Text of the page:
[ 25/May/21 ]
All 6 answers are clearly wrong.
Science, at its best, is an eternal enquiry into the nature of being that uses a process of refining all elements of experimental design, performance, evaluation and interpretation to determine which of the available interpretive schema is most likely to account for all observations in the most parsimonious way possible.
And reality often has the unsettling characteristic of demanding responses to complex issues in very short times, so we all have many subconscious processes to simplify down reality under stress to produce rapid responses. This is often antithetical to science.
Thus science is a process of starting from a set of assumptions, and progressively become less wrong over time; as contexts allow.
When you do the numbers on the evidence sets currently available as to what seems (as a minimum) to be present in reality, and in the sets of possible interpretive schema available, then it seems entirely possible that there is sufficient complexity and uncertainty present that the process could be continued indefinitely.
It seems that we all get born with various sets of biases instantiated in our sensory and neural systems by the evolutionary processes of the last 4 billion years that we have strong tendencies to form certain classes of understandings and models in the first instance. Becoming as aware as possible of the many classes and instances of such biases is an essential step towards being able to see the infinities that seem very probably to exist beyond them.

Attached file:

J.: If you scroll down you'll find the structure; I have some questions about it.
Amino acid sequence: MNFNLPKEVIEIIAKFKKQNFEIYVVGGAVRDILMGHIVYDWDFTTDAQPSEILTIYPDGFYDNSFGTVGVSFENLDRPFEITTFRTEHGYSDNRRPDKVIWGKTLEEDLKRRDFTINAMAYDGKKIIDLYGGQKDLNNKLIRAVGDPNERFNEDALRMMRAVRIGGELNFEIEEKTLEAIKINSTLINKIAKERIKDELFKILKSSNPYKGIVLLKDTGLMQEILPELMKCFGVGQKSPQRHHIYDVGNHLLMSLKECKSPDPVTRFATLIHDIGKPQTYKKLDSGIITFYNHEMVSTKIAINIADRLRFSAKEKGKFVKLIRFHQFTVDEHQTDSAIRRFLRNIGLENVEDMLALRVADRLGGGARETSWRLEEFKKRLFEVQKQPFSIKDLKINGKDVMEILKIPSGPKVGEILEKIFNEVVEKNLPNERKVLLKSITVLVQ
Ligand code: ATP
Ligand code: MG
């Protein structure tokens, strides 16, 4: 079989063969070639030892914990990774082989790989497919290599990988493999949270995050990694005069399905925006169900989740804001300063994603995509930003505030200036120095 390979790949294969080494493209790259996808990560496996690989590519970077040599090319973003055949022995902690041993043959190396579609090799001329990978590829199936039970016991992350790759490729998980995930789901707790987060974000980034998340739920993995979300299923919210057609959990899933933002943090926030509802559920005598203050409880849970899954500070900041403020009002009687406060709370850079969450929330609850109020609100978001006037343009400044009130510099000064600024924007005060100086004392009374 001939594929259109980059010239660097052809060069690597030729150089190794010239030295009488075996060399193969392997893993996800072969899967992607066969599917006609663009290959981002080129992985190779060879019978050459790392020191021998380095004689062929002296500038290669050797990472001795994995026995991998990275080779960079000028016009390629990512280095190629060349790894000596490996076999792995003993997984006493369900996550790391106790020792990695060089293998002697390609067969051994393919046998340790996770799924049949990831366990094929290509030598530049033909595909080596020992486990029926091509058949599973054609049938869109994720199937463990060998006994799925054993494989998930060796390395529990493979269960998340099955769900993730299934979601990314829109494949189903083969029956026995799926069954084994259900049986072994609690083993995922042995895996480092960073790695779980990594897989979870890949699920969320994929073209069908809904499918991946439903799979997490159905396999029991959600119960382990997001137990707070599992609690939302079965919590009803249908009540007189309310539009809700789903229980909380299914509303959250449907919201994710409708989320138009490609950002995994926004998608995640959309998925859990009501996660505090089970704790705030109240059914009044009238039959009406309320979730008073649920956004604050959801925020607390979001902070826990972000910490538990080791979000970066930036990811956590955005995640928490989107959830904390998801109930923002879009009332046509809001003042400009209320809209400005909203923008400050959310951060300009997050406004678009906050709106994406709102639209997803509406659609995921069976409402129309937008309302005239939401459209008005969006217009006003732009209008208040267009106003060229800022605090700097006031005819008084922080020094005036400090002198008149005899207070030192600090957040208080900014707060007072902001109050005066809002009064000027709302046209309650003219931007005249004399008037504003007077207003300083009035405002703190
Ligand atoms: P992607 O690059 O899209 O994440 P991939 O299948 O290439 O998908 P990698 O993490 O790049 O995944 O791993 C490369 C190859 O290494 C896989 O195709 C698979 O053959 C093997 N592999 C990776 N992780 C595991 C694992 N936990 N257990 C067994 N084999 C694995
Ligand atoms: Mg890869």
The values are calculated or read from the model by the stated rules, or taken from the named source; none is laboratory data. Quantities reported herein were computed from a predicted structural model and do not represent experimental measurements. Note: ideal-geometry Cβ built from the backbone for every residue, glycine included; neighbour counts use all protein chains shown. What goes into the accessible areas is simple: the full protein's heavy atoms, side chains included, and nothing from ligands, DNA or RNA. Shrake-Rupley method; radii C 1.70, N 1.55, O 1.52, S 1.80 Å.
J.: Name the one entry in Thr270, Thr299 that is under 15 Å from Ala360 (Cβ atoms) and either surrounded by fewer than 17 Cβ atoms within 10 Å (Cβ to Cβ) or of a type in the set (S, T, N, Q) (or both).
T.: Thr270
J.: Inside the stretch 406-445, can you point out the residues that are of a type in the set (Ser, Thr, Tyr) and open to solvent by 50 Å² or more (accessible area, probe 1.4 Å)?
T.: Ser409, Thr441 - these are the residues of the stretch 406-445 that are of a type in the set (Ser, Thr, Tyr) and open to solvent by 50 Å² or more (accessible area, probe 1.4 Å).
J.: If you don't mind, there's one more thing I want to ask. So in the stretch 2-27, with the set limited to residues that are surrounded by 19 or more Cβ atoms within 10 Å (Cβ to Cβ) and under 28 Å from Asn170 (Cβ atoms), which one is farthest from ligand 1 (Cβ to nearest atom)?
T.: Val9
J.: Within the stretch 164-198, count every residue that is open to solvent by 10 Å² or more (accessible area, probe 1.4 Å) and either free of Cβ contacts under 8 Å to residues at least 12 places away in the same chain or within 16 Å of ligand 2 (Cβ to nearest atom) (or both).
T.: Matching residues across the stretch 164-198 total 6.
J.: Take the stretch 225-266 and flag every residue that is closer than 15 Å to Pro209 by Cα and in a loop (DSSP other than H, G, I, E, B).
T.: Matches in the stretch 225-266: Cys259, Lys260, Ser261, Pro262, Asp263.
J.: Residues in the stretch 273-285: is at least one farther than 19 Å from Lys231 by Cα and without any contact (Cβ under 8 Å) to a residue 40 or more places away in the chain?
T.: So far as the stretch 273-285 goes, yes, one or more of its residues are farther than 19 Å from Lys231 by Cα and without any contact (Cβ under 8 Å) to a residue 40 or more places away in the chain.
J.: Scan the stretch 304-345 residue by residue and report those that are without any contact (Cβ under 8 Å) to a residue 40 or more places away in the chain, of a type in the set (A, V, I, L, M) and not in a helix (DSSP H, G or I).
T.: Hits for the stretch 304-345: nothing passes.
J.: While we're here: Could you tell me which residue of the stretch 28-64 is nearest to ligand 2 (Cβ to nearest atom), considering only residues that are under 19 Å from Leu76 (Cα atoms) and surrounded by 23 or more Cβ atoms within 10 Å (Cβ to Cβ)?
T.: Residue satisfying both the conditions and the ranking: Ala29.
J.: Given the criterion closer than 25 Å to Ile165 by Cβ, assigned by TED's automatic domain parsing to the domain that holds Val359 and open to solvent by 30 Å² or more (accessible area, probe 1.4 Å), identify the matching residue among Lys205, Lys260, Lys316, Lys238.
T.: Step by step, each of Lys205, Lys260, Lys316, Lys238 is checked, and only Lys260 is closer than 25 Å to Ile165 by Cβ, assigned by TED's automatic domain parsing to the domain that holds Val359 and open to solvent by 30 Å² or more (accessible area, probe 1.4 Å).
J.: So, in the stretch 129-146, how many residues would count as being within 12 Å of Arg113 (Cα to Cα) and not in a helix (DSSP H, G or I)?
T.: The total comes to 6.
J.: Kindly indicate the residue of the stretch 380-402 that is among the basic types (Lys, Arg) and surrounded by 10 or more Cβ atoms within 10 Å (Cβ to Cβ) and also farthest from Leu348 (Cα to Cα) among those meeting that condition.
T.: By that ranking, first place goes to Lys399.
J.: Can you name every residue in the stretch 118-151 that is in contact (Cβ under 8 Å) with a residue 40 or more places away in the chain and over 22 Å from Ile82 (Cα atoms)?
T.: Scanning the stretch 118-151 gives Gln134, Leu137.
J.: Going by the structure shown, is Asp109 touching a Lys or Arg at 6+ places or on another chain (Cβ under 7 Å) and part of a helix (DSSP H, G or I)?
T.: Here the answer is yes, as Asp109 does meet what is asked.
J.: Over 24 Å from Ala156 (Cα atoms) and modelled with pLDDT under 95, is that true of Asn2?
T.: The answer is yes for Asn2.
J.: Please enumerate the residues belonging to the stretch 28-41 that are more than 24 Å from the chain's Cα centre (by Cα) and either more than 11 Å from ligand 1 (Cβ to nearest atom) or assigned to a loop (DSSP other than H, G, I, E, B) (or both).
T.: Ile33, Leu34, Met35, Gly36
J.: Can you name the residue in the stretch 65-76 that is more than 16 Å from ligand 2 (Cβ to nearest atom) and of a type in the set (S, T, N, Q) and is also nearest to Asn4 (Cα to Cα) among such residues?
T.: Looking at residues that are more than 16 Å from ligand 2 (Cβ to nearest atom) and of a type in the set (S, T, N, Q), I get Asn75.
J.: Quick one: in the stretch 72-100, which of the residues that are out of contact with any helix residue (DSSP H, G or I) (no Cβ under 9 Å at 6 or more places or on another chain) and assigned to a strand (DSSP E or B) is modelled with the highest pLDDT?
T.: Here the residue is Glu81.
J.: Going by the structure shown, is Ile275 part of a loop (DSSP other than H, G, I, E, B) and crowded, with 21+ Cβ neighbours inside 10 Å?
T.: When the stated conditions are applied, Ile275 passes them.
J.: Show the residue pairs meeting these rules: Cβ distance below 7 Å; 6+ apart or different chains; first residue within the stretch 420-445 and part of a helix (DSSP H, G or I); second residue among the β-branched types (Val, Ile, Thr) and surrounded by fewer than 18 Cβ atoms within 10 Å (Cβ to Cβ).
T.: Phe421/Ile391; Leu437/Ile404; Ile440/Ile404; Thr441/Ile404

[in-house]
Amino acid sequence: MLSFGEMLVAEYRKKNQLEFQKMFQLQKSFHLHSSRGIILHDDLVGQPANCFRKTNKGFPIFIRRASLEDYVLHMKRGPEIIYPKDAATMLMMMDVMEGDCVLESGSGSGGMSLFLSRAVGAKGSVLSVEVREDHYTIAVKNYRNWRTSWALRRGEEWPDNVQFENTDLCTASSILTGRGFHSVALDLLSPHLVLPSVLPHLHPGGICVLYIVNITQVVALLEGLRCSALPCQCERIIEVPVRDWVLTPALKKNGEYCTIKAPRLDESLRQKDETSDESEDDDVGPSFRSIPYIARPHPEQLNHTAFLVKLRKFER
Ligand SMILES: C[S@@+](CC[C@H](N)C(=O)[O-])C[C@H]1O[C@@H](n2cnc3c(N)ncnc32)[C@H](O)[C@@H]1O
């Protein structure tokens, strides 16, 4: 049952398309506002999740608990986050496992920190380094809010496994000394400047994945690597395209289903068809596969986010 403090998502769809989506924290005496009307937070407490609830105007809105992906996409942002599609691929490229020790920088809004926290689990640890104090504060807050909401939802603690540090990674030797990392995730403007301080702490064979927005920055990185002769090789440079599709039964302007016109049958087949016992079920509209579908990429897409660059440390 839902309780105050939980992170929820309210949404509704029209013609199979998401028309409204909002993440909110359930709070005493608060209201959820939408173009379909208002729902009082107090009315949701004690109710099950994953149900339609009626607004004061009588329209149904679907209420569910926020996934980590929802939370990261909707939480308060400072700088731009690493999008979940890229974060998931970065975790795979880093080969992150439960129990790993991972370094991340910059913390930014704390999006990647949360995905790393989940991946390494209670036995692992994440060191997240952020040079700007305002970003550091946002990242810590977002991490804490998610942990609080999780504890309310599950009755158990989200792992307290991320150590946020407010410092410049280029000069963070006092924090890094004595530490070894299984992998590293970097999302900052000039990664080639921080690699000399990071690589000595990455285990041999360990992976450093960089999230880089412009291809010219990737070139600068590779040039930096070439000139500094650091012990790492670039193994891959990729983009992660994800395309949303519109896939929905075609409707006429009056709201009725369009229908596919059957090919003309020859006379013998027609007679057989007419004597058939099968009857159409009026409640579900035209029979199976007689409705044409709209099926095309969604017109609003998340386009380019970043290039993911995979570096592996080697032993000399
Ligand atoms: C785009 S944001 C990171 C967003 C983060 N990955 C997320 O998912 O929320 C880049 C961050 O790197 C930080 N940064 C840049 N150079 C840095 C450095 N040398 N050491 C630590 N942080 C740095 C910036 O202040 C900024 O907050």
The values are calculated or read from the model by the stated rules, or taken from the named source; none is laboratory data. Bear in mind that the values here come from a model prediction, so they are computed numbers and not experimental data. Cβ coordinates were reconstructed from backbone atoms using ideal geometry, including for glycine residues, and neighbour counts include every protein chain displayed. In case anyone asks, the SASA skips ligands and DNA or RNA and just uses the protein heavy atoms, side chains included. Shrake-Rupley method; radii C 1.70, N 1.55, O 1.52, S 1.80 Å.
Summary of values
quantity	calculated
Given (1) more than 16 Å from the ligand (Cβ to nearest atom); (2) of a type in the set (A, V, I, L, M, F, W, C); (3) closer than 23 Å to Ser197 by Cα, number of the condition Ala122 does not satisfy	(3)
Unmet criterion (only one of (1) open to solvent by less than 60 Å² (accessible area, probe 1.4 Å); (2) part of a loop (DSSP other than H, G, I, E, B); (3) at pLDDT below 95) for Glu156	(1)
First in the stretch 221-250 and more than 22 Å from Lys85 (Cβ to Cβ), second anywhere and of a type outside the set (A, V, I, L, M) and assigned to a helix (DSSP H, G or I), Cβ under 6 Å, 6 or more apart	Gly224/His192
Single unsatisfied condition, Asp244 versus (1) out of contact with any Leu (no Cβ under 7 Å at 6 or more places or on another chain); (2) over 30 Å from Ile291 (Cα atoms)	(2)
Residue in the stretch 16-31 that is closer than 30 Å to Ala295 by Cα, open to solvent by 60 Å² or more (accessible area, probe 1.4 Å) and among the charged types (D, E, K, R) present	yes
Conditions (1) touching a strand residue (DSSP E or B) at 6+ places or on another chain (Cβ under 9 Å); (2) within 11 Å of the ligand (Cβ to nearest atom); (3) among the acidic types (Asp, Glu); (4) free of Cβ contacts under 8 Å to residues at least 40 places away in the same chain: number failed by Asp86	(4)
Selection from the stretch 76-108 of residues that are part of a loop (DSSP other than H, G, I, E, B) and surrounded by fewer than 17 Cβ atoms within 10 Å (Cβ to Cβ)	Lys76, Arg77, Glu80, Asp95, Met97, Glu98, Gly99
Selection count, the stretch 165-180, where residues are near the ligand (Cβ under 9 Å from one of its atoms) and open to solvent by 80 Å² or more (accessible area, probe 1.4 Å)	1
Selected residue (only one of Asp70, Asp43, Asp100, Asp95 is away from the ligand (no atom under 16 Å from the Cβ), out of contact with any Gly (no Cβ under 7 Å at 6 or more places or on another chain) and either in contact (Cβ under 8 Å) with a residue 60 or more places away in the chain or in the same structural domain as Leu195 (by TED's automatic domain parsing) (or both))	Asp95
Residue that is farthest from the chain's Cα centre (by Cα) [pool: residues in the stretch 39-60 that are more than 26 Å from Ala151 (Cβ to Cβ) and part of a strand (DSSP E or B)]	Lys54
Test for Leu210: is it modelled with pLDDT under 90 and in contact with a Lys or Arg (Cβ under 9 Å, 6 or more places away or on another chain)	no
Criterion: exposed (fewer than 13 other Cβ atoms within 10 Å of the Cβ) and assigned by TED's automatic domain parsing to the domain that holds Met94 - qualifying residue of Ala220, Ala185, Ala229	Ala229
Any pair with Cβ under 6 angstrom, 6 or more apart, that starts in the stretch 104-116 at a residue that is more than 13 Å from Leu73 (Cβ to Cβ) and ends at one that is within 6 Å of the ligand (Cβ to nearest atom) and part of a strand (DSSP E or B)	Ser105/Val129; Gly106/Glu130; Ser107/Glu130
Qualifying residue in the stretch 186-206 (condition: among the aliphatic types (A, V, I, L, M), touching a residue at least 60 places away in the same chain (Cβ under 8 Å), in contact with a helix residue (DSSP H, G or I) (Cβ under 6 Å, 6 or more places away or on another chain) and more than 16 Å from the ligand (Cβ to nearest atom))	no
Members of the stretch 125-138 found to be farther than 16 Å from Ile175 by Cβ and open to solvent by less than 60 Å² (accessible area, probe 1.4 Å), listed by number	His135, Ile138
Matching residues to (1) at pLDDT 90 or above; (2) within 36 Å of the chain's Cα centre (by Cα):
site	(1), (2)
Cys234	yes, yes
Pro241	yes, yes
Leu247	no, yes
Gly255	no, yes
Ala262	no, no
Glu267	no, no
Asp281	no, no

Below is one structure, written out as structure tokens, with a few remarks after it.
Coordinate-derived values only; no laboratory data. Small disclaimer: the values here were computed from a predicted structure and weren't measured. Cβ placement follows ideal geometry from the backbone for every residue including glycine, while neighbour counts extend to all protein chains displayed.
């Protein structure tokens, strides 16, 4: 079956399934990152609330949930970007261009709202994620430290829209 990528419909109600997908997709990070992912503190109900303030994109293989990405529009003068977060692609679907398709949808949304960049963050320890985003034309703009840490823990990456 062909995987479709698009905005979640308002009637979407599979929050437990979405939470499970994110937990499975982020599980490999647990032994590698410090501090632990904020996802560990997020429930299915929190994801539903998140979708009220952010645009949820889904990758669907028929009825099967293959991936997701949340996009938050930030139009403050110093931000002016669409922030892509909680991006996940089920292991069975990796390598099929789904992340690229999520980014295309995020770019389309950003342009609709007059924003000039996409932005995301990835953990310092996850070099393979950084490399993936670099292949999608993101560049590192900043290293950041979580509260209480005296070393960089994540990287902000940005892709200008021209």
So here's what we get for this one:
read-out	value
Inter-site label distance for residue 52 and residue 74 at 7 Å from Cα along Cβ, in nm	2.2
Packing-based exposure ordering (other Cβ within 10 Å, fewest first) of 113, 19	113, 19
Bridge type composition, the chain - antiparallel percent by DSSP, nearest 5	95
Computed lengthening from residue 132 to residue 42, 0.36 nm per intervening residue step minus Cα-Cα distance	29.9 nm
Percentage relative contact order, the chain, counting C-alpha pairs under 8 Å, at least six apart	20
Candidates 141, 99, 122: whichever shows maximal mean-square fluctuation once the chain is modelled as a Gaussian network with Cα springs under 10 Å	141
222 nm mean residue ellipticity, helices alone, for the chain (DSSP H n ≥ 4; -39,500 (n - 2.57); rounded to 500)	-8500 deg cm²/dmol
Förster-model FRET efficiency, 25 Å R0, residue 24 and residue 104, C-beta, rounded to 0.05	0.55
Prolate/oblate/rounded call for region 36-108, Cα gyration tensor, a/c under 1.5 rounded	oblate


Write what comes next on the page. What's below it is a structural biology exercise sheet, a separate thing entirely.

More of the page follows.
Developing an ability to be comfortable with such fundamental uncertainty is very difficult for most human brains. The strong biases towards simple binary resolutions tend to make stepping beyond binary logic into the infinite realm of all possible logics and all possible sets of truth values too much for most. Thus what most are able to conceive of as science is a very simplistic model of what science actually is at its best.